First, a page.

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SC News

How the Pandemic is Changing the Way Many Mourn

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Thelisha Eaddy
/
SC Public Radio
A graveside service in Berkeley County in February, 2021.

The Coronavirus pandemic has changed many aspects of daily life, including how people work, attend school and socialize. The virus, which has claimed almost 12,000 lives in South Carolina, is also having an impact on how many people mourn their dead. Within the African-American community, instead of observing days of culture-rich traditions, many families have settled for a scaled-back graveside service to celebrate the life of a loved-one.

The Coronavirus pandemic has changed many aspects of daily life, including how people work, attend school and socialize. The virus, which has claimed almost 12,000 lives in South Carolina, is also having an impact on how many people mourn their dead. Within the African-American community, instead of observing days of culture-rich traditions, many families have settled for a scaled-back graveside service to celebrate the life of a loved-one.

When Tamara Pinckney's father died in February, she and her family found themselves trying to balance his wishes with CDC guidelines and recommendations for gatherings.

"The pastor told be that we definitely would not be able to get inside the church."

Pinckney's father did not die from COVID, but his final wishes were impacted by the disease. Prior to his death, she said her father expressed he wanted her to sing at his funeral. Under a large green tent, at a grave yard in Berkeley County, she and a small group of family sang "Resting Easy" by the Soul Stirrers to honor is request.

"He didn't tell me what he wanted me to sing, but that was one of his favorite songs, so I thought it would be fitting."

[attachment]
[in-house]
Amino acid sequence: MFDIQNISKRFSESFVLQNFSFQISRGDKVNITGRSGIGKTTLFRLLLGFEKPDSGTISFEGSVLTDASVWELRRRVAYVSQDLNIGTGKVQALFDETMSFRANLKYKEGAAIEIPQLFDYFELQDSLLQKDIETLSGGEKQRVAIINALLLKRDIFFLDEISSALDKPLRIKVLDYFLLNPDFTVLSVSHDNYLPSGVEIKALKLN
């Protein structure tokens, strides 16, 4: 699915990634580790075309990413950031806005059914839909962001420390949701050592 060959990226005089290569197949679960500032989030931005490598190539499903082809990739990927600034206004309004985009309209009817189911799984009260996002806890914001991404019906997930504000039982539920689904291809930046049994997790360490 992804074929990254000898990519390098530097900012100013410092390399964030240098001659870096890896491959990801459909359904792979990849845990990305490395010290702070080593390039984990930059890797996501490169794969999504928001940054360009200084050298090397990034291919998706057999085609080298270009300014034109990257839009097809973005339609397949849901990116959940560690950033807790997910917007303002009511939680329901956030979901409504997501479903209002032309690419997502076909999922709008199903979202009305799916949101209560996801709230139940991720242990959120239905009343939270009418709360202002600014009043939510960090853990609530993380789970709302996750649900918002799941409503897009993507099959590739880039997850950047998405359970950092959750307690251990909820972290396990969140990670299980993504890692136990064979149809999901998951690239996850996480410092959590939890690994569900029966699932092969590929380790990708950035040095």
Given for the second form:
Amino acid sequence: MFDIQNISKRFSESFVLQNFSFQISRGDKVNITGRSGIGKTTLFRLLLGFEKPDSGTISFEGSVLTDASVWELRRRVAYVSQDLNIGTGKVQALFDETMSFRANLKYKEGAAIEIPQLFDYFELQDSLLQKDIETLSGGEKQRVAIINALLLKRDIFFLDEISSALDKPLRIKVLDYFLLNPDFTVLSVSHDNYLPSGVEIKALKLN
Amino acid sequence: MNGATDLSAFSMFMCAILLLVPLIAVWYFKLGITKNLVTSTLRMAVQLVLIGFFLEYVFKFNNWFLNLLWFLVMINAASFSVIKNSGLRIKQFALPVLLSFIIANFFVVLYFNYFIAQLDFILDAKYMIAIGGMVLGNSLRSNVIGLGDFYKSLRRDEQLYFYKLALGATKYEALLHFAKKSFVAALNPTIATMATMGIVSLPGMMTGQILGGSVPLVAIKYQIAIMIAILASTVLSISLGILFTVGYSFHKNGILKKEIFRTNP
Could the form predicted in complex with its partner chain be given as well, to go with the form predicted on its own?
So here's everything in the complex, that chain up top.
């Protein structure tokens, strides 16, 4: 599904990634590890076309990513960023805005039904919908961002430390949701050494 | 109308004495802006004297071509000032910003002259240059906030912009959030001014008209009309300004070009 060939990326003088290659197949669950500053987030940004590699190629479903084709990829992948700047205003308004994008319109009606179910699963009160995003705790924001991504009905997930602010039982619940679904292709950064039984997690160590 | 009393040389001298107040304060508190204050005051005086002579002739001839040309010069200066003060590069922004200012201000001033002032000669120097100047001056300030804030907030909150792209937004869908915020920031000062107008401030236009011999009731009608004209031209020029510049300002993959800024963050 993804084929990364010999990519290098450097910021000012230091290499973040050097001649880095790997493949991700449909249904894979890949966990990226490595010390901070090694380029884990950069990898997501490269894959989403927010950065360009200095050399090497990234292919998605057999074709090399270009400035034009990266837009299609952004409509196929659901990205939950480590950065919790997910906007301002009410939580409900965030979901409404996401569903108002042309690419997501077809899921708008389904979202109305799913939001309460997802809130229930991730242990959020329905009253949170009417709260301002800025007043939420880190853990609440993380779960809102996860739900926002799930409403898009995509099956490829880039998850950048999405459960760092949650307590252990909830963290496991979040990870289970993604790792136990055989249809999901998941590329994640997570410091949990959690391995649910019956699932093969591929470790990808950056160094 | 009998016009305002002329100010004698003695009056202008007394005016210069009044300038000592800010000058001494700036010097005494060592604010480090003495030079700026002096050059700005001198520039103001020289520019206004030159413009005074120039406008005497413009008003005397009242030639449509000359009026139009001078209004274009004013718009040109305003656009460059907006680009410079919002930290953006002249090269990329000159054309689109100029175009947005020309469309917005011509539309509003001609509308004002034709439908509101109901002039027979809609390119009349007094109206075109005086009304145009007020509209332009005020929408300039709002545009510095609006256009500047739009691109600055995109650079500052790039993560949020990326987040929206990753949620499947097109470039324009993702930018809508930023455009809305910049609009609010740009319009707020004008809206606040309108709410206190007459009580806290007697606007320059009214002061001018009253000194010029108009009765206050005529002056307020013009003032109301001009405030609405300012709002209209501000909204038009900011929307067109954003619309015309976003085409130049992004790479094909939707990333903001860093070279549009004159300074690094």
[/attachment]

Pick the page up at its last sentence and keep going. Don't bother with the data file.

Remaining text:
But Pinckney said there were even limits to how much singing could take place outdoors.

"The Pastor told us because of COVID, he didn't want a lot of singing."

But according to the National Funeral Director’s Association, the pandemic is also accelerating another change- more families are choosing cremation over a traditional service. The increase in cremations has been noticed for some time. In 2015, the national cremation rate surpassed the burial right for the first time in U.S. History. In 2020, those working in the industry noticed an uptick in the increase.

“I think COVID exposed more people to it because it was more convenient; more cost-effective and more people are starting to do it now.”

Bryan Myers is founder and director of Myers Mortuary and Cremation Services in Columbia.

“More people are beginning to feel like they don’t have to put so much money into funerals.

With the prolonged health crisis impacting wages and income, Myer's said cremations offer a more cost-effective option for many.

The average funeral cost is between $7,000 and $12,000 compared to the $1500 customers get with the basic cremation service at Myer’s establishment and as cases of COVID-19 continue to rise, he said he doesn’t expect things to wane.

“About three months ago we stopped seeing COVID cases; we just didn’t get any COVID cases, but in the past three week’s we’re seeing an increase in the number of COVID cases we’re getting.

To handle the increase in cremation requests, Myers expanded is business and acquired the former Trezevant Funeral Home, a historic location documented as South Carolina's first Black-owned crematorium.